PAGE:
May, who is on her first official visit to Turkey since becoming the premier, started her day by paying her respects at Anitkabir, which is the mausoleum of Turkish republic’s founder Mustafa Kemal Ataturk.
British Ambassador to Turkey Richard Moore accompanied her during the visit.
In her meeting with President Recep Tayyip Erdogan at the presidential complex, May is expected to discuss several issues, including the fight against Daesh and the situation in Syria as well as strengthening bilateral political and trade ties.
She is also expected to meet Prime Minister Binali Yildirim at the Cankaya palace, which will be followed by a joint press conference
May to raise trade security with Turkey
A day after meeting US President Donald Trump and winning his approval and some assurances on economic cooperation, May arrives in Ankara to launch a joint working group for preparing the ground for a new trade relationship after Brexit. Her spokeswoman said May and Erdogan would discuss two key themes: “(They) will be discussing a new trade relationship following the UK’s exit from the EU”, and “they are expected to agree to … a strategic security partnership.”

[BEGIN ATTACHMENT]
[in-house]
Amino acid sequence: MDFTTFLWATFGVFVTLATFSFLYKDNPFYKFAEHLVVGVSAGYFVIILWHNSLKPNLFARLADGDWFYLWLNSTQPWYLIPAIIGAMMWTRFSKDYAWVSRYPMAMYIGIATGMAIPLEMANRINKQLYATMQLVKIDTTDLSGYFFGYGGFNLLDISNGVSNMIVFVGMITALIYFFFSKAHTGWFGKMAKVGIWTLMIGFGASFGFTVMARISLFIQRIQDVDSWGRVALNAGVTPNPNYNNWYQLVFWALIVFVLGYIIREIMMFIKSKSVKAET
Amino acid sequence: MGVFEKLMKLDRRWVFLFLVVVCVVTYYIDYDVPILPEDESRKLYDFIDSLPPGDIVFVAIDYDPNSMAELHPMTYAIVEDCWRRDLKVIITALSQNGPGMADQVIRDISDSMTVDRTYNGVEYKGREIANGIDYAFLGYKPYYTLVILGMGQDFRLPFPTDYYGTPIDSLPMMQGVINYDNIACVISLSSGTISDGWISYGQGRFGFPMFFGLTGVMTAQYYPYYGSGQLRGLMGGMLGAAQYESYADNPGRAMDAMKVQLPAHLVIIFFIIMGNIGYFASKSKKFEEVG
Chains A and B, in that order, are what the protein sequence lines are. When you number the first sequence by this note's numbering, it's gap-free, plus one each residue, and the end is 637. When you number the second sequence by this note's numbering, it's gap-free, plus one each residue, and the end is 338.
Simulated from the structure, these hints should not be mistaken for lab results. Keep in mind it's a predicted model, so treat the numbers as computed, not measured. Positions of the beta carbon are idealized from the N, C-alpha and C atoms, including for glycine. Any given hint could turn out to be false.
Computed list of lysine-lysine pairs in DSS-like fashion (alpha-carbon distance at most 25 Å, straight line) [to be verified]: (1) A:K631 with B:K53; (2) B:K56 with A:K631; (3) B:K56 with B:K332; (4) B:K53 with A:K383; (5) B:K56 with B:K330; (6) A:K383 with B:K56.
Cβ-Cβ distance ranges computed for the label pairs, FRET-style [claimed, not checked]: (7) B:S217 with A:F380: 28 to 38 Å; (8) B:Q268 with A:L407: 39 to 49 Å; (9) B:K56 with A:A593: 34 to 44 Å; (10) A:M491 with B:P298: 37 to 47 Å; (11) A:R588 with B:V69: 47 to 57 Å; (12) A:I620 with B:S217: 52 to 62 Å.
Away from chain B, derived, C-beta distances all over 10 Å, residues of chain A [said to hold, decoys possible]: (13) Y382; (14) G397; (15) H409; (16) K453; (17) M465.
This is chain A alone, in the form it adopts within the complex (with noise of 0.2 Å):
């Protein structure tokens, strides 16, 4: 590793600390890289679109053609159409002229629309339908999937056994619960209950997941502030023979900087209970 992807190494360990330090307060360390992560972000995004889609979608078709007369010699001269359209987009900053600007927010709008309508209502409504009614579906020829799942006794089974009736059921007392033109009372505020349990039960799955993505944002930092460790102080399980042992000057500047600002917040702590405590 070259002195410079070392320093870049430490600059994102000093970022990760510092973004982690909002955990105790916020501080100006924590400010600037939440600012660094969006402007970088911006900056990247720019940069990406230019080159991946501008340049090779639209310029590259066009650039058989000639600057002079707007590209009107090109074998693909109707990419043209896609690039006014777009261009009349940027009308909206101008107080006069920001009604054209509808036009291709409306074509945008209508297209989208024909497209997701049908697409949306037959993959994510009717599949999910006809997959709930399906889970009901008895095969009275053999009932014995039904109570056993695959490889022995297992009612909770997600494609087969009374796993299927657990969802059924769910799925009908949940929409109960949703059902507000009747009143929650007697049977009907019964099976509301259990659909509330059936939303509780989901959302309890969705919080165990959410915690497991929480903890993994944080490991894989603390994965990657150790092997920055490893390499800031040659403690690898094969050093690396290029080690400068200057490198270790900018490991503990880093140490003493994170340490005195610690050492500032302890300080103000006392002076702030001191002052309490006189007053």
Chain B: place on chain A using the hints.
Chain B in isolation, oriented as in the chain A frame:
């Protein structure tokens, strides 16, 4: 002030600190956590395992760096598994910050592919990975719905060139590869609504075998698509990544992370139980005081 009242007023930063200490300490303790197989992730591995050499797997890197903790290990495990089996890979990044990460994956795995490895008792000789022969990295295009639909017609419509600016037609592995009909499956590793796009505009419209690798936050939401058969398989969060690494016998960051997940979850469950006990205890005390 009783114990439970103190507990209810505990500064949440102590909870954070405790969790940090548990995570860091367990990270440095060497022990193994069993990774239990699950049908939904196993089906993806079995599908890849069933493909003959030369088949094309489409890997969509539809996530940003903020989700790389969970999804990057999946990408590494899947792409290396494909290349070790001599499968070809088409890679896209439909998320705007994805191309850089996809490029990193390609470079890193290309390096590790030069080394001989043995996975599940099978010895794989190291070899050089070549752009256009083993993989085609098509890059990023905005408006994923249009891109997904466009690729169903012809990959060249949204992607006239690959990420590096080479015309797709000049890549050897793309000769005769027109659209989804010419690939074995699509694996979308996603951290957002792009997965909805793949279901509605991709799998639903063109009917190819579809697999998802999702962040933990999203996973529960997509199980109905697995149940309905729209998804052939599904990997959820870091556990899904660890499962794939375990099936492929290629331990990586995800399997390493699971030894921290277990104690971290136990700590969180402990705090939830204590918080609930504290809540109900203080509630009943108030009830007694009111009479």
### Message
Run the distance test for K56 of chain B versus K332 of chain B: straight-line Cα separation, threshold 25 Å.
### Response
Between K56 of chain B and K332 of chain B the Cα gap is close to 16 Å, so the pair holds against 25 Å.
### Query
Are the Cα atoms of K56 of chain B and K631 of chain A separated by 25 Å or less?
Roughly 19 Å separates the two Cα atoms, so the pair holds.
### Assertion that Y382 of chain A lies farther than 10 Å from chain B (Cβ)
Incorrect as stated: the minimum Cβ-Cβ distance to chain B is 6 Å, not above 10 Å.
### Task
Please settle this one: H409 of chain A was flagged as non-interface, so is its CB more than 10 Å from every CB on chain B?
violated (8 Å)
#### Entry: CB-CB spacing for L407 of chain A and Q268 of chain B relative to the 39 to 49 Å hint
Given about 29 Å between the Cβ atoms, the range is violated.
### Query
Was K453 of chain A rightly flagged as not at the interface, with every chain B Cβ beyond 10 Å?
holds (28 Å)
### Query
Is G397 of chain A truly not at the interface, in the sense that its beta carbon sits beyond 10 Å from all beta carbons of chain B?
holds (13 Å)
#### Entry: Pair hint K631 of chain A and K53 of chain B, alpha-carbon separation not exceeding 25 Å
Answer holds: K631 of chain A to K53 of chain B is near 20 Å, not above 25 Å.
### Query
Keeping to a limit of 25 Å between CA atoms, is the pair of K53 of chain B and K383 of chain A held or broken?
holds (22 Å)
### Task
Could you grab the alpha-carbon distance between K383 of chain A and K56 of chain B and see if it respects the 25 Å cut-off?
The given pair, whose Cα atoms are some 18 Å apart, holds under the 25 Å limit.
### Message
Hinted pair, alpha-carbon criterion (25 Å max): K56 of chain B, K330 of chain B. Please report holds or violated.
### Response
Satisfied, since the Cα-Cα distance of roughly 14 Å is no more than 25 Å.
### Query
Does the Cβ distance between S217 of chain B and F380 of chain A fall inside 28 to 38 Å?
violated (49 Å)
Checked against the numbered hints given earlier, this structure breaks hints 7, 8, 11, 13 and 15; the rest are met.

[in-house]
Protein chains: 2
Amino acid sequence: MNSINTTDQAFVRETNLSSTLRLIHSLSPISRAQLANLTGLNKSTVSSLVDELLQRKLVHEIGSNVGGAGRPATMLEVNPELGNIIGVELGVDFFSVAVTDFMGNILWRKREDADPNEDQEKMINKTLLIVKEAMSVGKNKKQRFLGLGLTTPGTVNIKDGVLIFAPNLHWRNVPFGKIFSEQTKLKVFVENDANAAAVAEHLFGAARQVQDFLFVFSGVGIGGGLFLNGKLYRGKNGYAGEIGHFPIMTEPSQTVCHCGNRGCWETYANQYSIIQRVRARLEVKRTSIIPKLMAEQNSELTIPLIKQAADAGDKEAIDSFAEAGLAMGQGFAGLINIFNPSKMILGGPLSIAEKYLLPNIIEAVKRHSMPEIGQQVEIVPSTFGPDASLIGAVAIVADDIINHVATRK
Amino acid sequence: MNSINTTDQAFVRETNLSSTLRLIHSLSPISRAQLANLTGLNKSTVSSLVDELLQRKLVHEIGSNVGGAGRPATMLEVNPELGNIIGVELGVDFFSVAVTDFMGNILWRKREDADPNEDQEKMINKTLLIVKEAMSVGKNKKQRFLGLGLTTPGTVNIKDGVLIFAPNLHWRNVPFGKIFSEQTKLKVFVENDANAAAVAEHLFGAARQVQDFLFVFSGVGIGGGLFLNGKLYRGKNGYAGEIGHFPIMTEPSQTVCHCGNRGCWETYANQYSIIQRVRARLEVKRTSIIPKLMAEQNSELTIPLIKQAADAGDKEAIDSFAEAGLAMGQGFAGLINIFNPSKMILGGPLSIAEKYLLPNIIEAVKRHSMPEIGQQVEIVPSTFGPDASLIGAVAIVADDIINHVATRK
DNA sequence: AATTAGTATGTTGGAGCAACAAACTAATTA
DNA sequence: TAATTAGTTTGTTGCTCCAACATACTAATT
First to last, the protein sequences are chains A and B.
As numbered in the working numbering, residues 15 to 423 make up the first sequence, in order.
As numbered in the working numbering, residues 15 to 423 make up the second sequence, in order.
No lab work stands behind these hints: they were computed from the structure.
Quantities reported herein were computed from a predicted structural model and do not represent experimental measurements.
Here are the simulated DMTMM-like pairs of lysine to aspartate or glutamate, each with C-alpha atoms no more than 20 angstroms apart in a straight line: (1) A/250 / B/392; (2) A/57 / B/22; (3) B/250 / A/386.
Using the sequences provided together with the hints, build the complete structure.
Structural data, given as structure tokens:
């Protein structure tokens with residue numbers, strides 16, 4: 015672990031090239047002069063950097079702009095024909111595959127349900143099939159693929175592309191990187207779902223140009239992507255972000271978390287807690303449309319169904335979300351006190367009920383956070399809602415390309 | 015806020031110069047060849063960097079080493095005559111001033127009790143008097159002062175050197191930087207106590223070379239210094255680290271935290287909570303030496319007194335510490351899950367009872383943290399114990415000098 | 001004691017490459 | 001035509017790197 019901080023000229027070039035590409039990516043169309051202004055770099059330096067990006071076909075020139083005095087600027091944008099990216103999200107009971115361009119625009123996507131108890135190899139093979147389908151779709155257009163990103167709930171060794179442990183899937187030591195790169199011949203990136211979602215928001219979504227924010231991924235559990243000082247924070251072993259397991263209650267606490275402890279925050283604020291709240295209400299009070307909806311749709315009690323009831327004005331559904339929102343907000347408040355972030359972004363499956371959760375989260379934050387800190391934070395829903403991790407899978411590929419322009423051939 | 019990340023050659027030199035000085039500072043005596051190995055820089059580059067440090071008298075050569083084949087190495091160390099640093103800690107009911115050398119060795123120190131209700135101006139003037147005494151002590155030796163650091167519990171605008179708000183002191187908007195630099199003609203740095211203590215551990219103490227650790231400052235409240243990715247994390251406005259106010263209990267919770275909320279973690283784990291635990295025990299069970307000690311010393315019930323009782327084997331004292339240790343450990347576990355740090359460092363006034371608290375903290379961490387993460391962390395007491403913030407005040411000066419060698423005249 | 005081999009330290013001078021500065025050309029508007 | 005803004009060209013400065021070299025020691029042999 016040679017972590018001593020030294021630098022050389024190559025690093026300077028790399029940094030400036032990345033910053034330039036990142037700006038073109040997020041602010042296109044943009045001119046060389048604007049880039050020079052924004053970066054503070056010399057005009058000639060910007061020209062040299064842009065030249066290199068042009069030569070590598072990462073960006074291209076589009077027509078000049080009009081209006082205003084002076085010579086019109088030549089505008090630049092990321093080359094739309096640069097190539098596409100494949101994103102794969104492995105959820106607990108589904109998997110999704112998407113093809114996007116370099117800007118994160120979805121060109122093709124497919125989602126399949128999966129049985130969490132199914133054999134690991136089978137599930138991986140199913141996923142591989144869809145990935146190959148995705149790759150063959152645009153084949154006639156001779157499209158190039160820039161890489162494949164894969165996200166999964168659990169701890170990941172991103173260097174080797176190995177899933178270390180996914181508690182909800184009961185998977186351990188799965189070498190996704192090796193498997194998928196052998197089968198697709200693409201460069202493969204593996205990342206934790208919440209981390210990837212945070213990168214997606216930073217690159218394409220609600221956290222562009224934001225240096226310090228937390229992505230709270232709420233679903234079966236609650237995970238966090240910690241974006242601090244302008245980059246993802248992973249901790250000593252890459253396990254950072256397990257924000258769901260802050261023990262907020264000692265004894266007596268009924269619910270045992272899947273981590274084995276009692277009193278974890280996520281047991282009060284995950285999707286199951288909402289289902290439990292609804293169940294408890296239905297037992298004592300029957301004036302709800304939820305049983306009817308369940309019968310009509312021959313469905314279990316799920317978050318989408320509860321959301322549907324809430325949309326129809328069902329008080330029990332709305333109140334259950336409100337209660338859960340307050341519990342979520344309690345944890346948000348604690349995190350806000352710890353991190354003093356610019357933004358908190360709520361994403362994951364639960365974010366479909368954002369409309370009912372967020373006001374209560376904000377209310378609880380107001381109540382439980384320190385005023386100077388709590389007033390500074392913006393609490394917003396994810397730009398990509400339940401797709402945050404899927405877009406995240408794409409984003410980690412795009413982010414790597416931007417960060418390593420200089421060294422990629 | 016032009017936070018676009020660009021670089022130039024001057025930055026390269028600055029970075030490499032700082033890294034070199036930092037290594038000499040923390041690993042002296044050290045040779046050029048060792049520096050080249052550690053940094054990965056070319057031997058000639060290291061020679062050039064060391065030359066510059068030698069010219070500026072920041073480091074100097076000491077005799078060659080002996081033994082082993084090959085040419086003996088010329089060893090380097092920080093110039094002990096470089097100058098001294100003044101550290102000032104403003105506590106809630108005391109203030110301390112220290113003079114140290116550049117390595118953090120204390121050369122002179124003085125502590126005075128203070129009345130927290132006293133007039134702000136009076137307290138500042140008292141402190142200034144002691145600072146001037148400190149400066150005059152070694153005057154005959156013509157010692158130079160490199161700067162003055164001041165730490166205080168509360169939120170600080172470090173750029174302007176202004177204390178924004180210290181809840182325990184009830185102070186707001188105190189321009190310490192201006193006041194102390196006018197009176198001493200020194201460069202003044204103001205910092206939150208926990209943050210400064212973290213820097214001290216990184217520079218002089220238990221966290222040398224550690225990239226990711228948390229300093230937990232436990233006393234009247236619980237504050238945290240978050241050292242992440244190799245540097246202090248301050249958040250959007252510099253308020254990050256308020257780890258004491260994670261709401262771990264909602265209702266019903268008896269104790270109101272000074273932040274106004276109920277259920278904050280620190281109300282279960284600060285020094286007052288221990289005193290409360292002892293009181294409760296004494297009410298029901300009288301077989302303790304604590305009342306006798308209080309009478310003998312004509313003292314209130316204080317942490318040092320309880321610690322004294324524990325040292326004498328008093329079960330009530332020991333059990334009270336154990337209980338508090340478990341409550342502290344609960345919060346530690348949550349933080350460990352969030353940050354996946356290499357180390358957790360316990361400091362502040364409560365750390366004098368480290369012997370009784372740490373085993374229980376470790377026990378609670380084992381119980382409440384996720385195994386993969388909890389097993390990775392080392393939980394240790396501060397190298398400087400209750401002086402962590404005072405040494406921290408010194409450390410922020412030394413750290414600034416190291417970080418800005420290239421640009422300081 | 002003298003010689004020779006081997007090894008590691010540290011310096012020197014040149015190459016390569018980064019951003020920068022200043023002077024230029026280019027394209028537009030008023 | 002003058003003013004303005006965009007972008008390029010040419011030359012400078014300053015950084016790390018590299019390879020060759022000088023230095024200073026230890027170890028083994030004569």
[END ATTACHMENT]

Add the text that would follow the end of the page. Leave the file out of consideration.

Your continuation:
May’s government is keen to start laying the groundwork for bilateral trade agreements for when Britain leaves the European Union – a process that will take at least two years after triggering the formal divorce talks by the end of March.
May’s spokeswoman said Turkey would be the 13th country to set up a working group on trade with Britain. British Foreign Secretary Boris Johnson said on a visit to Ankara last year that he hoped for a “jumbo” free trade deal with Turkey after Brexit. While Ankara is not a member of the European Union, it aspires to join the bloc and has a customs union with it.
The United Kingdom was the second-largest destination for Turkish exports in 2015, buying $10.6 billion in goods, according to IMF trade data. Only Germany imports more from Turkey.